A caviar cast of six—David Burnham, Sally Mayes, Howard McGillin, Lillias White, Rachel York, and Billy Stritch (who also did the scintillating arrangements, glove-fittingly orchestrated by Don Sebesky for the tight eight-piece band, provides precise musical direction, and wickedly caresses the ivories)—delivers 31 of Coleman's top-drawer tunes in a brisk 80 minutes. Zippel's smart direction takes a page from ur-revue-maker Richard Maltby Jr.'s book, creating playful emotional relationships among the company that consistently speed the show forward. The proceedings are slightly skewed in favor of the women, but Zippel is careful to make sure that everyone has opportunities to stand out.
The highlights start early, with Mayes' winningly self-deprecating "Nobody Does It Like Me" (lyric by Dorothy Fields, from "Seesaw"). Mayes, who Coleman virtually discovered when he promoted her from understudy to lead after the first week of previews of his Broadway flop "Welcome to the Club," also teams with York on a driving and perfectly articulated "What You Don't Know About Women" (lyric by Zippel, from "City of Angels") and later smolders through an impressively controlled "With Every Breath I Take" (also from "City") with flawless intonation. York's other triumphs include a gorgeously modulated "Come Summer" (a little-known but striking 1971 ballad with words by Carolyn Leigh, whose last line is an example of what great lyric writing is all about) and a saucily captivating reimagining of "Hey, Look Me Over" (lyric by Leigh, from "Wildcat") neatly intertwined with "The Doodling Song" (again Leigh). White happily reprises her showstopper from "The Life," "The Oldest Profession" (lyric by Ira Gasman), but what gave me the most satisfaction was getting a chance to see this power belter demonstrate her considerable range. "Don't Ask a Lady" (lyric by Leigh, from the 1982 Broadway revival of "Little Me") gleams with sex and wit, "Those Hands" (lyric by Alan and Marilyn Bergman, from "Like Jazz," a show still unseen in NYC) sees her leading the company with an infectiously light touch, and she and Stritch infuse the title song of "Little Me" with a swinging, flirtatious playfulness.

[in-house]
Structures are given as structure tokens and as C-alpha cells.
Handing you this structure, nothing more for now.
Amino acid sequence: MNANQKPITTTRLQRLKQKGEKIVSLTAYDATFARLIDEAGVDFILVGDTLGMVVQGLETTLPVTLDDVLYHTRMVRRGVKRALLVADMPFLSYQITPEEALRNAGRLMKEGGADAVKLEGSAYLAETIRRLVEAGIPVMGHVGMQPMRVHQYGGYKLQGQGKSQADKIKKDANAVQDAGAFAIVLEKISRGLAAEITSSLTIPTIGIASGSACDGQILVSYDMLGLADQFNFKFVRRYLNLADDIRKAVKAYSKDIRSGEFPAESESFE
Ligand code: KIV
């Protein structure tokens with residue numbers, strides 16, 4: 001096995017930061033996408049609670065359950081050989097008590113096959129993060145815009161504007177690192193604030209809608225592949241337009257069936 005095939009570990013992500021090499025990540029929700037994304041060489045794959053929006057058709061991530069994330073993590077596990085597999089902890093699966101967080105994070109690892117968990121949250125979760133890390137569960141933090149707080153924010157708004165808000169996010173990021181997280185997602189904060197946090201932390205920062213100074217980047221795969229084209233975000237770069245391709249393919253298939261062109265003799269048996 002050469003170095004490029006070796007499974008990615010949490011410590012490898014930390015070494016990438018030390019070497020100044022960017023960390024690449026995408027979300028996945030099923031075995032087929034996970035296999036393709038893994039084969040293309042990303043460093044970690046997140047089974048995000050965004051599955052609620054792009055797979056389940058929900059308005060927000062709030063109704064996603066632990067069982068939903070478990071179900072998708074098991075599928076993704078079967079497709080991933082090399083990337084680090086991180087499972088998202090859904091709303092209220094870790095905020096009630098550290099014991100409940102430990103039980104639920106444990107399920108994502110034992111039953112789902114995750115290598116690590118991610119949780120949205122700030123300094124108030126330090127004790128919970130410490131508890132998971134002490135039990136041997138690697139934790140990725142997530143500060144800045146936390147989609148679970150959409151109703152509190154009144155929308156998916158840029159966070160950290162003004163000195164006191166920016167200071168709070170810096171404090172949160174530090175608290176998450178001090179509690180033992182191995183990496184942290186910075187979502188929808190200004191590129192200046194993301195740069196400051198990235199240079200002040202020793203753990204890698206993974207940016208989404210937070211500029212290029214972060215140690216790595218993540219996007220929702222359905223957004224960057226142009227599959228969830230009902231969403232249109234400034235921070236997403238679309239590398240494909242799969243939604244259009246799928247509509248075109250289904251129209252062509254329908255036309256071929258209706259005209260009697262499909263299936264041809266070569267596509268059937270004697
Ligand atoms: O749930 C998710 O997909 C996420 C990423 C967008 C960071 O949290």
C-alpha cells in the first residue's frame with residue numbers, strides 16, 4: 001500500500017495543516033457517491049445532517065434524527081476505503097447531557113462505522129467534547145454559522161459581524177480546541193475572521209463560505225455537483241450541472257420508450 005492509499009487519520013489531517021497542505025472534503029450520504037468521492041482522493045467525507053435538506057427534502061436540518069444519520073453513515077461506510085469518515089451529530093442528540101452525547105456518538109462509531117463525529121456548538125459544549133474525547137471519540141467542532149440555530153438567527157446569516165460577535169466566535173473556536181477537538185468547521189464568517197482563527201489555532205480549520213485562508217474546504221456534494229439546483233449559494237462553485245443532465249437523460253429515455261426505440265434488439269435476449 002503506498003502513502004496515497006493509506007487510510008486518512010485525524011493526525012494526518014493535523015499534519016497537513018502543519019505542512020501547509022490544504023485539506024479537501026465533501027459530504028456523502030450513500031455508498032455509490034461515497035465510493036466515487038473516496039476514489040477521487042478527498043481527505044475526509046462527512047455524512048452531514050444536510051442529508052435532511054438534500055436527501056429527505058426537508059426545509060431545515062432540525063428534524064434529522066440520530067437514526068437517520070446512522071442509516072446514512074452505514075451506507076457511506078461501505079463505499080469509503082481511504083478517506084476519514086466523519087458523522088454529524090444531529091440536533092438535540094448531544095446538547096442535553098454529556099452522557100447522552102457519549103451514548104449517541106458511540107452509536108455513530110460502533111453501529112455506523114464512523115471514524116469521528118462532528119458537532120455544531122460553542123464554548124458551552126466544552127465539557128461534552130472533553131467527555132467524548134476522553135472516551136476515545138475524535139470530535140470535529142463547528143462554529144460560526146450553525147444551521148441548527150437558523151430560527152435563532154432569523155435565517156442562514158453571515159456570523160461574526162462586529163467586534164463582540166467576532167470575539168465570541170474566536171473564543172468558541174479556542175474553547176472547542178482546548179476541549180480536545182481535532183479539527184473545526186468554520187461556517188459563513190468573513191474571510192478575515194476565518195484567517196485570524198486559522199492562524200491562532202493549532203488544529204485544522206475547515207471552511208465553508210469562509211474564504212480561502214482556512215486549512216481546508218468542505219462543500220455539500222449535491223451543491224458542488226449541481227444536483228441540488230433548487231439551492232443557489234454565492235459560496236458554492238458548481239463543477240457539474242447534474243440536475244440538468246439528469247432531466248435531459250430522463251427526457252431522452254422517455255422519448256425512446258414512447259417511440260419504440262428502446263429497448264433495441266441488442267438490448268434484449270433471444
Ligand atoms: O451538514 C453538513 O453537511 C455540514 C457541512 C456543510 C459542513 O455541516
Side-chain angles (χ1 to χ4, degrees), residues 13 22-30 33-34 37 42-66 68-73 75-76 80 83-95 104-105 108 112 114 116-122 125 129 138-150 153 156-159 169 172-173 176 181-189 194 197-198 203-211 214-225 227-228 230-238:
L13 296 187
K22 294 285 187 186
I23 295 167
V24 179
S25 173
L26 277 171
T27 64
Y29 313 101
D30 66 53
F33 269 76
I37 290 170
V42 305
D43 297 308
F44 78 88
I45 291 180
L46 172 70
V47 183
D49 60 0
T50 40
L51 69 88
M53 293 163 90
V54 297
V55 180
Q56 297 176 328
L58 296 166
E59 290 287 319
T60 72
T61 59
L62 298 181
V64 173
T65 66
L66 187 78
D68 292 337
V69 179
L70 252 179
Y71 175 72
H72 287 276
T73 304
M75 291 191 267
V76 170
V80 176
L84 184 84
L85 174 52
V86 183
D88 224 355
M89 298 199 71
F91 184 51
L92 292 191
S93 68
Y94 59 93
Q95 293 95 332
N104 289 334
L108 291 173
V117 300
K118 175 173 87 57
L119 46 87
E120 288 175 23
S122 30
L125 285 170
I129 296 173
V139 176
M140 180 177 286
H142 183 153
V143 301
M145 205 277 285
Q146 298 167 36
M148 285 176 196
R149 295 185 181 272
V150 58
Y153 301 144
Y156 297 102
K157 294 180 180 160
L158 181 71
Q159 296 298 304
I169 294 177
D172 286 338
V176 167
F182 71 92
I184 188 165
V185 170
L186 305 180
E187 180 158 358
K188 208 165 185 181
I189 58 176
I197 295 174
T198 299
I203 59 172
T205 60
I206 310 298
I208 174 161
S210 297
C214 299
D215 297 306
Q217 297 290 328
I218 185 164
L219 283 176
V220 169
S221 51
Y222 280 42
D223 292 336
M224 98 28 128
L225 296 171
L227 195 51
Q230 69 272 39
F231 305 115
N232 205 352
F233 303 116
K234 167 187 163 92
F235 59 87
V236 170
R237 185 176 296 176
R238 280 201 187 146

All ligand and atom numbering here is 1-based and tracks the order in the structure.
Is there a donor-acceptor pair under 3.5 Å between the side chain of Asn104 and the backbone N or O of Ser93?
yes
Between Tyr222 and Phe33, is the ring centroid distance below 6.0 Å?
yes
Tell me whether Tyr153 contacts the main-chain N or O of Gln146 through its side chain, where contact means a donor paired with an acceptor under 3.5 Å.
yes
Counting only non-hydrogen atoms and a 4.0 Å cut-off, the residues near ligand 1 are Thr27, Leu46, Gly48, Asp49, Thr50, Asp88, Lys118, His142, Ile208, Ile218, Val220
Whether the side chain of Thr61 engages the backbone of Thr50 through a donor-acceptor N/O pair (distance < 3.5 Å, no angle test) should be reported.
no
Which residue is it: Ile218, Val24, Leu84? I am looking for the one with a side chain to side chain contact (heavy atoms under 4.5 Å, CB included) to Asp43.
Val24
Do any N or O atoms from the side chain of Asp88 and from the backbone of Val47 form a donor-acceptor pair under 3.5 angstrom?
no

On the nondistaff side, Stritch also scores on the 1975 obscurity "Some Kind of Music" (lyric by Leigh), whose tune showed up just a few years later in Coleman's operetta-flavored Tony-winning score for Betty Comden and Adolph Green's riotous "On the Twentieth Century." McGillin delivers a delightfully devilish "You Fascinate Me So," also notable for Zippel's sly staging, and soars on the stunning ballad "I'd Give the World" (lyric by Zippel), which according to the program is from an unproduced show called "N*." That mysteriously titled work also provides Burnham with his best moment, "Only the Rest of My Life," a tantalizing mixture of passion and humor that he shares with York. Two other songs from "N*," "Never Enough" and "The Measure of Love," suggest it has a score of rare quality.
Zippel definitely achieves his goal of displaying "the dazzling depth and breadth" of Coleman's work. But what Zippel also displays is his superb eye for good lyrics. He knows them when he sees them and how to write them. Ultimately, it's the interplay of those wonderful words with Coleman's extraordinary music that makes the evening into a little bit of heaven.
Presented by Rubicon Theatre Company and Michael Jackowitz, in association with David Elzer, Barbara Meister, Dottie and Bernie Novatt, Charles Hughen—Stage Too, Marvin Kahan, Normand Kurtz, and Dale Joan Young, at 59E59 Theaters, 59 E. 59th St., NYC. May 25–July 3. Tue.–Thu., 7 p.m.; Fri., 8 p.m.; Sat., 2 and 8 p.m.; Sun., 3 and 7 p.m. (Additional performance Wed., June 8, 2 p.m.) (212) 279-4200 or www.ticketcentral.com.